Look out county fair when the horse excrement hits the fan

Is it fair to sue the fair

For over a year, Santa Cruz local Max Kelly attempted to communicate with the Santa Cruz County Fairgrounds on issues of noise, pollution and environmental impacts.

Feeling they were unresponsive, Kelly and the organization he helped found in January, Community Alliance for Fairgrounds Accountability (CAFA), filed a lawsuit against the Fairground’s board of directors on Wednesday in Sacramento County Superior Court.

The last straw for CAFA members--who comprise over 100 Santa Cruz County locals-- came when the board of directors decided to claim a categorical exemption from a California Environmental Quality Act review for upcoming events. They did so in light of a rodeo planned at the Fairgrounds, which are located in Watsonville, in October.

“We have an issue with the process being exempted,” said Kelly. “For one, it’s illegal. Secondly, the public would like some transparency in the decision-making process.”

The public legally had 35 days to speak up, so CAFA filed a lawsuit with Santa Cruz-based

From The Patch
Wittwer & Parkin, LLP, which specializes in environmental and land-use law.

CAFA members are pro-fair, said Kelly, but had become fed up with an expanding number of issues at the fairgrounds that they found to be beyond their control. They saw increased noise from the rodeo track, manure runoff into Salsipuedes Creek, and farmers markets, “that had escalated into a party,” said Kelly.

He said the board of directors held public meetings last year, but since November has not offered an opportunity for public comment.

“The Fairgrounds current piecemeal approach to approving amplified uses and new events is illegal under CEQA (the California Environmental Quality Act),” wrote CAFA in a press release on Wednesday. “It’s quite simply time for the Fairgrounds to address, once and for all, policies and laws governing noise, environment, as well as legal requirements for transparency.”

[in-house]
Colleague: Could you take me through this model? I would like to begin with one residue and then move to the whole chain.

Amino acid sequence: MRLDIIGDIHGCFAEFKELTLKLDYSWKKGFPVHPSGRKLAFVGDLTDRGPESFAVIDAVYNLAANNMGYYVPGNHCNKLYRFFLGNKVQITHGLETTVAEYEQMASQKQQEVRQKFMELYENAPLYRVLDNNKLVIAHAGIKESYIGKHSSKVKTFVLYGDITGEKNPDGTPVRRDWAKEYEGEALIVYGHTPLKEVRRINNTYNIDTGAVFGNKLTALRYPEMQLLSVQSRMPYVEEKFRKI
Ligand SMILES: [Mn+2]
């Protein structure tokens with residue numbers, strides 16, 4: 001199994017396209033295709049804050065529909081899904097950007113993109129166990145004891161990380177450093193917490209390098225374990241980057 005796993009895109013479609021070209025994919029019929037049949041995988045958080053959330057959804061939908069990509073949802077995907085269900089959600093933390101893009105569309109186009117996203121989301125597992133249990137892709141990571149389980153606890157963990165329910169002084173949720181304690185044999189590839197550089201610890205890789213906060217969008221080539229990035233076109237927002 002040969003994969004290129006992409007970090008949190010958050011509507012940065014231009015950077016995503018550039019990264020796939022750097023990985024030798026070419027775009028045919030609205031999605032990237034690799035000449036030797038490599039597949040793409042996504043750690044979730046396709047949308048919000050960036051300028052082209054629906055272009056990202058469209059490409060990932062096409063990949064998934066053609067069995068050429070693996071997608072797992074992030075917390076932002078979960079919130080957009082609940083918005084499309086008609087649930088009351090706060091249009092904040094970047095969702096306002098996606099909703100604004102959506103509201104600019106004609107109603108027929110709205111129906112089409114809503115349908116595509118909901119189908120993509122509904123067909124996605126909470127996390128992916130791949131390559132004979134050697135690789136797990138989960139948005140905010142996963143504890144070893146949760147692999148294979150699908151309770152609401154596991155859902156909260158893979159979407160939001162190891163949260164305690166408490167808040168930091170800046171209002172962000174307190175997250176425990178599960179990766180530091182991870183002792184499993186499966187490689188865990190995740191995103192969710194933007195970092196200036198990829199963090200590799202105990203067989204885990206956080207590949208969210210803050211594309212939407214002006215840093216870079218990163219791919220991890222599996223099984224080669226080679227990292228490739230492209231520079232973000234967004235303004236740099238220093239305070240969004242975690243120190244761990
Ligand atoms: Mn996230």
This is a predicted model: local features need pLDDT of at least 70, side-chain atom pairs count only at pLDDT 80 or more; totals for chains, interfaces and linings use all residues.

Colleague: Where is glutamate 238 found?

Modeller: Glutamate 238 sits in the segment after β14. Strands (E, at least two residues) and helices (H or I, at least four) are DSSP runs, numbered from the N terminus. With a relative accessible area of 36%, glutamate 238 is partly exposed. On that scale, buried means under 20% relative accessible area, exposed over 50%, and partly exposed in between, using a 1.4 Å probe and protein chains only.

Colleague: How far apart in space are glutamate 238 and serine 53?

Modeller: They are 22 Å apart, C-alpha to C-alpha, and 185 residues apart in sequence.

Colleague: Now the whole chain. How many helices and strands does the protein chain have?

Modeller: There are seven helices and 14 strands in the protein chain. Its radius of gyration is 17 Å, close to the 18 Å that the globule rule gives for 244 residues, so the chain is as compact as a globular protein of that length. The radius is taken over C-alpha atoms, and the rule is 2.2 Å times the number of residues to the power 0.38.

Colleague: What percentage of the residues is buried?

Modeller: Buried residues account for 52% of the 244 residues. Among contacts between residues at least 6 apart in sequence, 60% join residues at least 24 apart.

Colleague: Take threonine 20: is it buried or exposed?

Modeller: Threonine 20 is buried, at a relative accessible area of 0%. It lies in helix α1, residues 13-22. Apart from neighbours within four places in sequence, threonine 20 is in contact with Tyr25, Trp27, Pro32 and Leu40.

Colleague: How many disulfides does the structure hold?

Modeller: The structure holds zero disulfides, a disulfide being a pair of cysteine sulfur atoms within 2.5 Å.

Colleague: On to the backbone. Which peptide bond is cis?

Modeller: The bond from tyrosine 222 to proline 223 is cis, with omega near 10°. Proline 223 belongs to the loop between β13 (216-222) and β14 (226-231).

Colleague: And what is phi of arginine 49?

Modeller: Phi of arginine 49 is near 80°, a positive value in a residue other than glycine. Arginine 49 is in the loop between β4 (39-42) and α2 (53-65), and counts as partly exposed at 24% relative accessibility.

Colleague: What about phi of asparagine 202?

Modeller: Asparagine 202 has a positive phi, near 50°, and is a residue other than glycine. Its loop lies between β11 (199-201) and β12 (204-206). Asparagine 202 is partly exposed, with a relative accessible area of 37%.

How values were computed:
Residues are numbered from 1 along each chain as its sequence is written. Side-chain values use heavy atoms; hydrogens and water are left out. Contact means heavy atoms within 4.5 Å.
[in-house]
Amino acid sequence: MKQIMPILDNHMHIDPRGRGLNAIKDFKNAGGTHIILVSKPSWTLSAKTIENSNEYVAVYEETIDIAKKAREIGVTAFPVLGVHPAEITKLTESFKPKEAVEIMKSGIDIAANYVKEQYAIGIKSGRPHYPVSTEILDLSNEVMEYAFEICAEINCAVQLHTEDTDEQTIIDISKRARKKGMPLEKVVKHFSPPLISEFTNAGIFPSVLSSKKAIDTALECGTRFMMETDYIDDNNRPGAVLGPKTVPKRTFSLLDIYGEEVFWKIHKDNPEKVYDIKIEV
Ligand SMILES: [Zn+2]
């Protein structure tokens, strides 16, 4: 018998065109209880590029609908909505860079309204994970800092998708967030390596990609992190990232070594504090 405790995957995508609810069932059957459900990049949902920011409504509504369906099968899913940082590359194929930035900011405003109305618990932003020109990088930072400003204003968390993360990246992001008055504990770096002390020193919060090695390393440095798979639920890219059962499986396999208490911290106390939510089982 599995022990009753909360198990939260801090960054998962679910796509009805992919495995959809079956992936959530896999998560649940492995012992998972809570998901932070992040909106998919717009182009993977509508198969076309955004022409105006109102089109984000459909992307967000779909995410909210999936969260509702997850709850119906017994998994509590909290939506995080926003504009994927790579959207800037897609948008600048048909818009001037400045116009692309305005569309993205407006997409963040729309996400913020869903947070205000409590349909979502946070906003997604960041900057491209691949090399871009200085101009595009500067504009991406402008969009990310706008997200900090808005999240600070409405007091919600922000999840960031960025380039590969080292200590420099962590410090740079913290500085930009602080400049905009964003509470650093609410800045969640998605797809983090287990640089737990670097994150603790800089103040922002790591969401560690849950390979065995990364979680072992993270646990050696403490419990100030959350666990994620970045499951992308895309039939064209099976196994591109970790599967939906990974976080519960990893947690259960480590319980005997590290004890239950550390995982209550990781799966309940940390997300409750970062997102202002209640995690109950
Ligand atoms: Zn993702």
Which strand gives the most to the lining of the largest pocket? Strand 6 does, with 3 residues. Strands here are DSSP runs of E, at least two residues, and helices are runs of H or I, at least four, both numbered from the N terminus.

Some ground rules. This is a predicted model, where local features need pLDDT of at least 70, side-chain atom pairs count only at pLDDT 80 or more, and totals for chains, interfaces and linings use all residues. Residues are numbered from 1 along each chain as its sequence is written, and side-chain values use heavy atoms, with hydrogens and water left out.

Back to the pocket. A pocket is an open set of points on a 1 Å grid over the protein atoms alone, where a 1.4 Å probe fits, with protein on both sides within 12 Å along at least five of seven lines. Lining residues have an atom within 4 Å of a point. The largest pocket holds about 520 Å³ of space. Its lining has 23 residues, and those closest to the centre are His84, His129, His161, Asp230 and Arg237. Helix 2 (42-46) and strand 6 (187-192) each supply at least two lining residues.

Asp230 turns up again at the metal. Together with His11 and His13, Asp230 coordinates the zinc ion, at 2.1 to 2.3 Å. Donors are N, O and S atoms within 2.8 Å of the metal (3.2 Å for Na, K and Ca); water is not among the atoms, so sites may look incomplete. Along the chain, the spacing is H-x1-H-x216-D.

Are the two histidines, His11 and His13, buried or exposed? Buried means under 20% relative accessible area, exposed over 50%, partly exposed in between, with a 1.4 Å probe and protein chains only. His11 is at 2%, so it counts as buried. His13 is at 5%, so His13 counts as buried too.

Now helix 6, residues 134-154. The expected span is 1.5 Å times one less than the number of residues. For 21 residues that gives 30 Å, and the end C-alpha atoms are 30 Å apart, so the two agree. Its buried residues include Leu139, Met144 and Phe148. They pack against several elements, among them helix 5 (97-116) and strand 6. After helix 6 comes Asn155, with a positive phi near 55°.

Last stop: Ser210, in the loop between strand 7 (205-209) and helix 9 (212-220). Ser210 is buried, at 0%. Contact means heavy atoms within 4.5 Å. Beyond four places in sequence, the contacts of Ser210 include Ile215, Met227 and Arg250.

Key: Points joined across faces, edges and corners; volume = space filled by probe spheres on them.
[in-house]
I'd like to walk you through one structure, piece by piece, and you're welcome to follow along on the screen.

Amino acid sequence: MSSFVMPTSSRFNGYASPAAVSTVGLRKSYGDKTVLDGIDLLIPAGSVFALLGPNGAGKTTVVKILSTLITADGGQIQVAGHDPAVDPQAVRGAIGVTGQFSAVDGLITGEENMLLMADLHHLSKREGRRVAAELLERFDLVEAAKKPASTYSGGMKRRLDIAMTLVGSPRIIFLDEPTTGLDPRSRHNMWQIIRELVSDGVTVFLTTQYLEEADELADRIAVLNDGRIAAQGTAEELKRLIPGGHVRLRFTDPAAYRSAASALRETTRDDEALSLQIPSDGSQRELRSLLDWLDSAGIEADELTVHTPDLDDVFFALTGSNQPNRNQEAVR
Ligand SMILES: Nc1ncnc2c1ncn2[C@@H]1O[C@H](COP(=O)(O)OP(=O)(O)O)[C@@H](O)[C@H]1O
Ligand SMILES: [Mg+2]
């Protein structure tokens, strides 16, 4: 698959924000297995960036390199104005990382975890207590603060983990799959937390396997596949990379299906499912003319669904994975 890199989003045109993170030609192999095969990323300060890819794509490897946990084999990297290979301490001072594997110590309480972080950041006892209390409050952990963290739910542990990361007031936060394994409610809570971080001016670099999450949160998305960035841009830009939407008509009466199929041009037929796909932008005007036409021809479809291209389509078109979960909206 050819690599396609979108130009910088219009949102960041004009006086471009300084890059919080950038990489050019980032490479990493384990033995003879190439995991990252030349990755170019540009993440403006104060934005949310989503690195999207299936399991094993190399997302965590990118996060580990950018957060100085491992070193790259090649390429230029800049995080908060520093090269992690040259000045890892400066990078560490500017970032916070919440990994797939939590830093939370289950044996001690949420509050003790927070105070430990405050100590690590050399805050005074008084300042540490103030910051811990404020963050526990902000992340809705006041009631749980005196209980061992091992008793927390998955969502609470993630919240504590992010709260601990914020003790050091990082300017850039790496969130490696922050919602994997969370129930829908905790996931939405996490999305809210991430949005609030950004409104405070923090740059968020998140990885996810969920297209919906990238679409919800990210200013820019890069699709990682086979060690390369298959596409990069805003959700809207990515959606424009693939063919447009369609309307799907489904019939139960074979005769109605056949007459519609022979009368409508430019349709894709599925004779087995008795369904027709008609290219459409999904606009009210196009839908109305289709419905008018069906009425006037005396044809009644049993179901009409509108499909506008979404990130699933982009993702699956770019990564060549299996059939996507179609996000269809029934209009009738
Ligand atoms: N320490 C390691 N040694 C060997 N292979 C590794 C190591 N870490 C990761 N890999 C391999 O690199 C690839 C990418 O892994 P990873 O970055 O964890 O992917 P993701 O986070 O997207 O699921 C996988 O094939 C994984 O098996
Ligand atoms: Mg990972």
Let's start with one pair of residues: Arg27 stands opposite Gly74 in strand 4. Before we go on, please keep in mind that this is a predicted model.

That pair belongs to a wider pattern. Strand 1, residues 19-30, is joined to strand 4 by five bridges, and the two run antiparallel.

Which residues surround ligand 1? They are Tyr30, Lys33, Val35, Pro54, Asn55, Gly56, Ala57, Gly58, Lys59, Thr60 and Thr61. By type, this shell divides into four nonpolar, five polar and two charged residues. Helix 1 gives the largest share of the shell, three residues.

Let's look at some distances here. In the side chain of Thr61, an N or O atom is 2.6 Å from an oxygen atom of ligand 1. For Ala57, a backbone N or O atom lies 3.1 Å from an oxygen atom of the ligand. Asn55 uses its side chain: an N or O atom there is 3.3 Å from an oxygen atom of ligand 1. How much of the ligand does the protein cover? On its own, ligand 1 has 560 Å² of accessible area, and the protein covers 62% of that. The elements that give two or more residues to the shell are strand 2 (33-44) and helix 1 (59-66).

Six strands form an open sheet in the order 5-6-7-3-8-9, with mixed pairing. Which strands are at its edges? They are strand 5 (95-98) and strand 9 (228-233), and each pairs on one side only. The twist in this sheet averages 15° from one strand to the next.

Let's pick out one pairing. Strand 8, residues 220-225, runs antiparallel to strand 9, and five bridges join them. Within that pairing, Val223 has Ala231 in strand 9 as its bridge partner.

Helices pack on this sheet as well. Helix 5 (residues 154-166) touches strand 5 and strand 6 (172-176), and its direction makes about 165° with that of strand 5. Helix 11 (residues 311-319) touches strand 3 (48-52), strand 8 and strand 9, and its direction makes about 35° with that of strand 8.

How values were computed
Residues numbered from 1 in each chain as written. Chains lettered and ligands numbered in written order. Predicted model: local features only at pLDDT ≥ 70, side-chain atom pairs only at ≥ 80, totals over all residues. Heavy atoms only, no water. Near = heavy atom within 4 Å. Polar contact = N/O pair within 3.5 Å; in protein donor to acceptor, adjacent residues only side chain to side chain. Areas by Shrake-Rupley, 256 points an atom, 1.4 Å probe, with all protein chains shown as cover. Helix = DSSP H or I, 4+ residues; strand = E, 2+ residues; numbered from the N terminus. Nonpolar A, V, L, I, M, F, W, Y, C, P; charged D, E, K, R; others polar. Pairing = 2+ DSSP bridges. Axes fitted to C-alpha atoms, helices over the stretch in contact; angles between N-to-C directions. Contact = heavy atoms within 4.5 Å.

The board of directors are withholding comment while they review the lawsuit. Still, fair leaders have previously maintained that events such as the rodeo are similar to ongoing equestrian shows, which predate the CEQA and are therefore not bound by it.

joyce oroz
12:01pm on Thursday, July 7, 2011
Let's see--who came first, the crabby neighbors or the fair? The fair has existed in the same spot for over fifty years that I know of. I loved it as a child and I love it now when I go with my grandchildren every year. I have never been to another fair as pristine and interesting as our wonderful Santa Cruz County Fair. Where else can children learn about animals, where our food comes from, hands-on science, the arts, horticulture and on and on. It's wholesome family entertainment--as American as apple pie. Apple pie can be eatten up quickly by cranky neighbors and their lawyers. I say "presere the pie for future generations."

2:20pm on Thursday, July 7, 2011
I'm with you Joyce. I have entered baked goods and crafts in the Fair for at least 10 years and going to the Fair in Sept kicks off Fall for me. The Fairgrounds were there long before any neighbors. I'm in town and can hear the race track on Friday nights (and it can be loud) but I figure it's one day a week in the summer. I'd really hate to lose our county fair. Something has to be worked out.
Rebecca Tait
3:57pm on Thursday, July 7, 2011
I agree with both of you. The fairgrounds have been here forever. I hear the car racing on Friday nights and figure "Oh well" it will be over soon. People have more trouble with neighbors having loud parties late at night than the little noise from the fairgrounds.

If you love the fair, please "like" Thank you!


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